Metaphase I

In metaphase I of meiosis I, pairs of homologous chromosomes, also known as bivalents or tetrads, line up in a random order along the metaphase plate. [9] Random orientation is another way for cells to introduce genetic variation. Meiotic spindles emanating from opposite spindle poles attach to each of the homologs (each pair of sister chromatids) in the kinetochore. [7]

Anaphase I

Homologous chromosomes separate from each other in anaphase I of meiosis I. The homologs are cleaved by the enzyme separase to release the cohesin that holds the homologous chromosome arms together. [7] This allows the chiasmata to be released and homologs to travel to opposite poles of the cell. [7] The homologous chromosomes are now randomly divided into two daughter cells that will undergo meiosis II to form four haploid daughter germ cells. [2]

Meiosis II

After the tetrad separation of homologous chromosomes in meiosis I, sister chromatids from each pair separate. Two haploid (because the chromosome number is reduced to half. Earlier two sets of chromosomes were present, but now each set is present in two separate daughter cells that have been produced by meiosis I from a single diploid parent cell) daughter produced by meiosis Cells I undergo another cell division in meiosis II but without another round of chromosome replication. The sister chromatids in the two daughter cells are separated by nuclear spindle fibers during anaphase II, resulting in four haploid daughter cells. [2]

In mitosis

The mitotic chromosomes do not perform the same function in mitosis as they do in meiosis. Before each mitotic division a cell undergoes, the chromosomes in the parent cell repeat themselves. Homologous chromosomes within the cell will usually not pair up and undergo genetic recombination with each other. [9] Instead, the replicons, or sister chromatids, will line up along the metaphase plate and then separate in the same way as in meiosis II – pulled apart at their centromere by the nuclear mitotic spindle. [10] If a crossing over occurs between sister chromatids during mitosis, it does not create a new recombinant genotype. [2]

In somatic cells

Homologous coupling in most contexts would refer to germline cells, although it also occurs in somatic cells. For example, in humans, somatic cells have very tightly controlled homologous pairing (separating into chromosomal regions, and coupling at a specific locus under the control of developmental signalling). However other species (notably Drosophila ) exhibit homologous pairings more frequently. In Drosophila homologous pairing supports a gene regulatory event called transvection in which an allele on one chromosome affects the expression of homologous alleles on homologous chromosomes. [11] One of its notable functions is the sexually dimorphic regulation of X-linked genes. [12]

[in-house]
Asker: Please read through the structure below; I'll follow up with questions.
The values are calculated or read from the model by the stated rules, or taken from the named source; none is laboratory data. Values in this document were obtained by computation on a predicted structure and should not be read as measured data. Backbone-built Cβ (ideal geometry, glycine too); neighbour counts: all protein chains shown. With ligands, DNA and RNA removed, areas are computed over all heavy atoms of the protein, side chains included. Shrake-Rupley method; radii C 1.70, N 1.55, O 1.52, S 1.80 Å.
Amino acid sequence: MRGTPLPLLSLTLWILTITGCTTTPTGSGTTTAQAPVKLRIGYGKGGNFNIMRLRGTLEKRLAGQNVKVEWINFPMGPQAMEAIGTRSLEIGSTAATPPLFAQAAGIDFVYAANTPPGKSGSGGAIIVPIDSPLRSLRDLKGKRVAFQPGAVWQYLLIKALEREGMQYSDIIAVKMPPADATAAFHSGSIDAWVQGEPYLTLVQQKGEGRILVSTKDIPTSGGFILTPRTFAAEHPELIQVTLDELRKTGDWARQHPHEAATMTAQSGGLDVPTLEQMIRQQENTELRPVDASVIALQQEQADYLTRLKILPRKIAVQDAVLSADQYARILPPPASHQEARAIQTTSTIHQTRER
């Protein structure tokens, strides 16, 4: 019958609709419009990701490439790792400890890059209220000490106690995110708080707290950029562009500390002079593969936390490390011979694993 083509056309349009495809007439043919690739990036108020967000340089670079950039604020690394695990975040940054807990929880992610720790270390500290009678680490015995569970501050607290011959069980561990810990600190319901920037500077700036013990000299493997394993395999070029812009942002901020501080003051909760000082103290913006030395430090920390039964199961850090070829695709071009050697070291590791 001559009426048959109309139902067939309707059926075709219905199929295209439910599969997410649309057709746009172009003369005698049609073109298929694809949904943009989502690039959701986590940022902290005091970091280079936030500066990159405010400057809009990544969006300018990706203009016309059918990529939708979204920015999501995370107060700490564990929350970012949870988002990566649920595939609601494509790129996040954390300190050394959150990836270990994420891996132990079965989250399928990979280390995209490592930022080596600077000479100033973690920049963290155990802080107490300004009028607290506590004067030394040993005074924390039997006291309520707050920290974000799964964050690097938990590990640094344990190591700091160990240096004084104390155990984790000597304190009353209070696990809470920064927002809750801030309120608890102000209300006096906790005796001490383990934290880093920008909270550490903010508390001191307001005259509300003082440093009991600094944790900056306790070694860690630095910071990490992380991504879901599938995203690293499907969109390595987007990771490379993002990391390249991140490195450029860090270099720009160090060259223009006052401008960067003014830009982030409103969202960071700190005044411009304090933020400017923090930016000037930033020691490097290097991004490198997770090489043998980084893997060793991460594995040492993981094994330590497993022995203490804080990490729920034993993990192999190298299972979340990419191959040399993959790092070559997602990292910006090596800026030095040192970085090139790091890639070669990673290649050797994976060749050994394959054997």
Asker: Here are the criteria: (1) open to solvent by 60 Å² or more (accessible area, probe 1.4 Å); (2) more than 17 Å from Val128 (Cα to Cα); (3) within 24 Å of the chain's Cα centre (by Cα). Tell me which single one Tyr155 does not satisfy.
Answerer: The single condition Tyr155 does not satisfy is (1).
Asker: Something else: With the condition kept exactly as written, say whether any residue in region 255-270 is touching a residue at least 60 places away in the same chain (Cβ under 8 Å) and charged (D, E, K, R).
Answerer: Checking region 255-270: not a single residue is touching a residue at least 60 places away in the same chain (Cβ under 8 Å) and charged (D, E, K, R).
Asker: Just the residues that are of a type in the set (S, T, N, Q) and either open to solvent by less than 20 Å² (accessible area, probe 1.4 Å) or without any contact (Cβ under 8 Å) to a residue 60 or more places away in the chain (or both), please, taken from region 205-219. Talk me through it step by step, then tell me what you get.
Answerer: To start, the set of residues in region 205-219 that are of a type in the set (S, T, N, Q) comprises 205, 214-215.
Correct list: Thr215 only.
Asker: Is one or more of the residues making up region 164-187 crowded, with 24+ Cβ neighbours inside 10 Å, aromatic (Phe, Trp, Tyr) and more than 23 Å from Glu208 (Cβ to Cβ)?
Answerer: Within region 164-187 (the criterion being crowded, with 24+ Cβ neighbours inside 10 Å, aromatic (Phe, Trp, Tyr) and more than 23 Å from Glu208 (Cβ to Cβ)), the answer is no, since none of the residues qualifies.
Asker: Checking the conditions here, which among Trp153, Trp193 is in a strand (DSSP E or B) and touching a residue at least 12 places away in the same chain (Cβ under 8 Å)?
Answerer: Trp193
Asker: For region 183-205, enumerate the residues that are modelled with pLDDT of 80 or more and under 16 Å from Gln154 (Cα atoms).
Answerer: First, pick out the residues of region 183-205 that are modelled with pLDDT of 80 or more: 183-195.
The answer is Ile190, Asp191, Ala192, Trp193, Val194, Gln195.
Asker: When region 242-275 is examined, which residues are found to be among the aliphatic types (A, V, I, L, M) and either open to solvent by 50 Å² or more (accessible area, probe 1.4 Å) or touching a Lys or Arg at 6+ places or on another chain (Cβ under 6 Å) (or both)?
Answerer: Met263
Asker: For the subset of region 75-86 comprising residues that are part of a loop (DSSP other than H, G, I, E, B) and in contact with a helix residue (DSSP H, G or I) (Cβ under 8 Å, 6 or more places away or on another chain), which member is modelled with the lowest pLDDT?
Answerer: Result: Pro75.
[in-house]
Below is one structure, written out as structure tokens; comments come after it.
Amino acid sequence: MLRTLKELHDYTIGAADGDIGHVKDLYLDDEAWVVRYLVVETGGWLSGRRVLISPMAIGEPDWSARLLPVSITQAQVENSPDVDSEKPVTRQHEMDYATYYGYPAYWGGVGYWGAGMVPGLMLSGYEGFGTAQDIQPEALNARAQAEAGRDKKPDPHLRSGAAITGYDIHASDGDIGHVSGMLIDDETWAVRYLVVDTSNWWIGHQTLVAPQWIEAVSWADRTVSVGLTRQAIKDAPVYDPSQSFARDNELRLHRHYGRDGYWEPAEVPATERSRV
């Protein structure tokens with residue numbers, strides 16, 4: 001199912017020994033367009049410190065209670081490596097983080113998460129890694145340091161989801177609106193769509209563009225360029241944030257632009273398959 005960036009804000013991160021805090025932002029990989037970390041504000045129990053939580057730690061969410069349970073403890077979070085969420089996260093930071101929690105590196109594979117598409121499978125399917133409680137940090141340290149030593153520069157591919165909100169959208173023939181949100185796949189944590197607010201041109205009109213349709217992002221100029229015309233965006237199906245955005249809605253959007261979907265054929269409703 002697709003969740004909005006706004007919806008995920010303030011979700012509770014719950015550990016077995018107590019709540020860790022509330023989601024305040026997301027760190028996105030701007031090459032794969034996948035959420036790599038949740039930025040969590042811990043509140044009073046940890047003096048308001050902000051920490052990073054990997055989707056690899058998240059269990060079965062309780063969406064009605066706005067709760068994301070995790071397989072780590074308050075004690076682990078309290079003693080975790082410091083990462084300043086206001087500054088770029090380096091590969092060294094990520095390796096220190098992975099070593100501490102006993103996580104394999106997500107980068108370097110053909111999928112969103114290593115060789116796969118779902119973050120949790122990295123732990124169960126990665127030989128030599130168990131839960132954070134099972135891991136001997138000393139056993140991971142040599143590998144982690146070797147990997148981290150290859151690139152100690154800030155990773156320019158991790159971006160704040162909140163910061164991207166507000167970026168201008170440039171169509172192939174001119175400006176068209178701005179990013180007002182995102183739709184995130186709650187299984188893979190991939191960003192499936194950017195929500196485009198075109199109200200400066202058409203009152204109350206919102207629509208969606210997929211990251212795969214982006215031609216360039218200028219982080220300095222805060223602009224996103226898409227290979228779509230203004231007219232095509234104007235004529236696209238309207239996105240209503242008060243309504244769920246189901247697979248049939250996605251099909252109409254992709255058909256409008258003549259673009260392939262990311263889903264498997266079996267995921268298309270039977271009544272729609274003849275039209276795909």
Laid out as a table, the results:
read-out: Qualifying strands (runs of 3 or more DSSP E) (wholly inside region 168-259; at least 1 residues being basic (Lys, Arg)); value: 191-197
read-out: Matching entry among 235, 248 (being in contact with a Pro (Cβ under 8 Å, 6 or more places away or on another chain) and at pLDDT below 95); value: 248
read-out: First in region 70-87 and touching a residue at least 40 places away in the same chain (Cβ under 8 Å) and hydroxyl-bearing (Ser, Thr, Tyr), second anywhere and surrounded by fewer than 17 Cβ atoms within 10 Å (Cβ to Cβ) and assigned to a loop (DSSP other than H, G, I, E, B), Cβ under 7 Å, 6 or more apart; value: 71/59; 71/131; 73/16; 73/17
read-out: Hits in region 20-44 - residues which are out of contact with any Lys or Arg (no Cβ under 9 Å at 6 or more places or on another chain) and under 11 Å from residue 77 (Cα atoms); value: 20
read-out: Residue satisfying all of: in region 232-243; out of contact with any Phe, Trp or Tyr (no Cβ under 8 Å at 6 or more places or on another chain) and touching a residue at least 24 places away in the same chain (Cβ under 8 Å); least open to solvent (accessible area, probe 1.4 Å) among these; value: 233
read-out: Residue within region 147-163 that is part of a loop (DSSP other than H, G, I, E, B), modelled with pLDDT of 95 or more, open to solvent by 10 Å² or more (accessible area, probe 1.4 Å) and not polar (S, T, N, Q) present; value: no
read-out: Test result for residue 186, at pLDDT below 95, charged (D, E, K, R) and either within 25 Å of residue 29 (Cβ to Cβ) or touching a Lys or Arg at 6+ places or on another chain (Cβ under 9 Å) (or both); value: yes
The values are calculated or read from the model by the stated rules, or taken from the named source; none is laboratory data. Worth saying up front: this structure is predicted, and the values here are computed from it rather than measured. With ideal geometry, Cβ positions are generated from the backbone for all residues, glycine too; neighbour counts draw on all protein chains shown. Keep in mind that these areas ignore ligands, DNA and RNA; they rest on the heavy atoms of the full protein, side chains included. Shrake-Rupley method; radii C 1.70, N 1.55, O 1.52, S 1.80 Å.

Homologous Chromosomes
1. Meiosis I 2. Meiosis II 3. Fertilization 4. Zygote Nondisjunction occurs when chromosomes fail to separate normally resulting in gain or loss of chromosomes. 
The blue arrow in the left image indicates non-disjunction occurring during meiosis II. 
The green arrow in the right image is indicating non-disjunction occurring during meiosis I.

Serious consequences occur when chromosomes do not separate properly. Faulty isolation can lead to reproductive problems, fetal death, birth defects and cancer. [13] Although the mechanisms for linking and adherence to homologous chromosomes differ among organisms, proper functioning of those mechanisms is essential for the final genetic material to be sequenced correctly. [13]


Proper homologous chromosome separation in meiosis I is critical for sister chromatid separation in meiosis II. [13] Failure to separate properly is known as nondisjunction. There are two main types of nondisjunctions: trisomy and monosomy. Trisomy is caused by the presence of an extra chromosome in the zygote than the normal number, and monosomy is characterized by the presence of one less chromosome in the zygote than the normal number. If this unequal division occurs in meiosis I, none of the daughter cells will have proper chromosome distribution and nonspecific effects may occur, including Down syndrome. [14] Uneven division may also occur during the second meiosis. Nondisjunction that occurs at this stage can result in normal daughter cells and malformed cells.[४]

Other uses

While the main function of homologous chromosomes is their use in nuclear division, they are also used in the repair of double-strand breaks of DNA. [15] These double-stranded breaks can occur in replication of DNA and are often the result of interactions of DNA with naturally occurring harmful molecules such as reactive oxygen species. Homologous chromosomes can repair this damage by aligning themselves with chromosomes of the same genetic sequence. [15]Once the base pairs are correctly matched and oriented between the two strands, the homologous chromosomes undergo a process that is similar to recombination, or seen in meiosis. The part of the intact DNA sequence overlaps with the damaged chromosome sequence. Replication proteins and complexes are then recruited to the site of damage, allowing repair and proper replication to occur. Through this mechanism, double-strand breaks can be repaired and DNA can function normally. [15]

Relevant search

Current and future research on the topic of homologous chromosomes is heavily focused on the roles of different proteins during recombination or during DNA repair. In a recently published article by Pezza et al. Which one? ] A protein known as HOP2 is responsible for both homologous chromosome synapsis as well as double-strand break repair through homologous recombination. Deletion of HOP2 in mice has major effects in meiosis. [16] Other current studies also focus on specific proteins involved in homologous recombination.

Current and future research on the topic of homologous chromosomes is heavily focused on the roles of different proteins during recombination or during DNA repair. In a recently published article by Pezza et al. Which one? ] A protein known as HOP2 is responsible for both homologous chromosome synapsis as well as double-strand break repair through homologous recombination. Deletion of HOP2 in mice has major effects in meiosis. [16] Other current studies also focus on specific proteins involved in homologous recombination.

There is ongoing research concerning the ability of homologous chromosomes to repair double-strand DNA breaks. Researchers are investigating the possibility of harnessing this potential for regenerative medicine. [17] This drug may be very popular in relation to cancer, as DNA damage is known to be a contributor to carcinogenesis. Manipulating the repair function of homologous chromosomes may allow the cell’s damage response system to be improved. Although research has not yet confirmed the effectiveness of this type of treatment, it could become a useful therapy for cancer.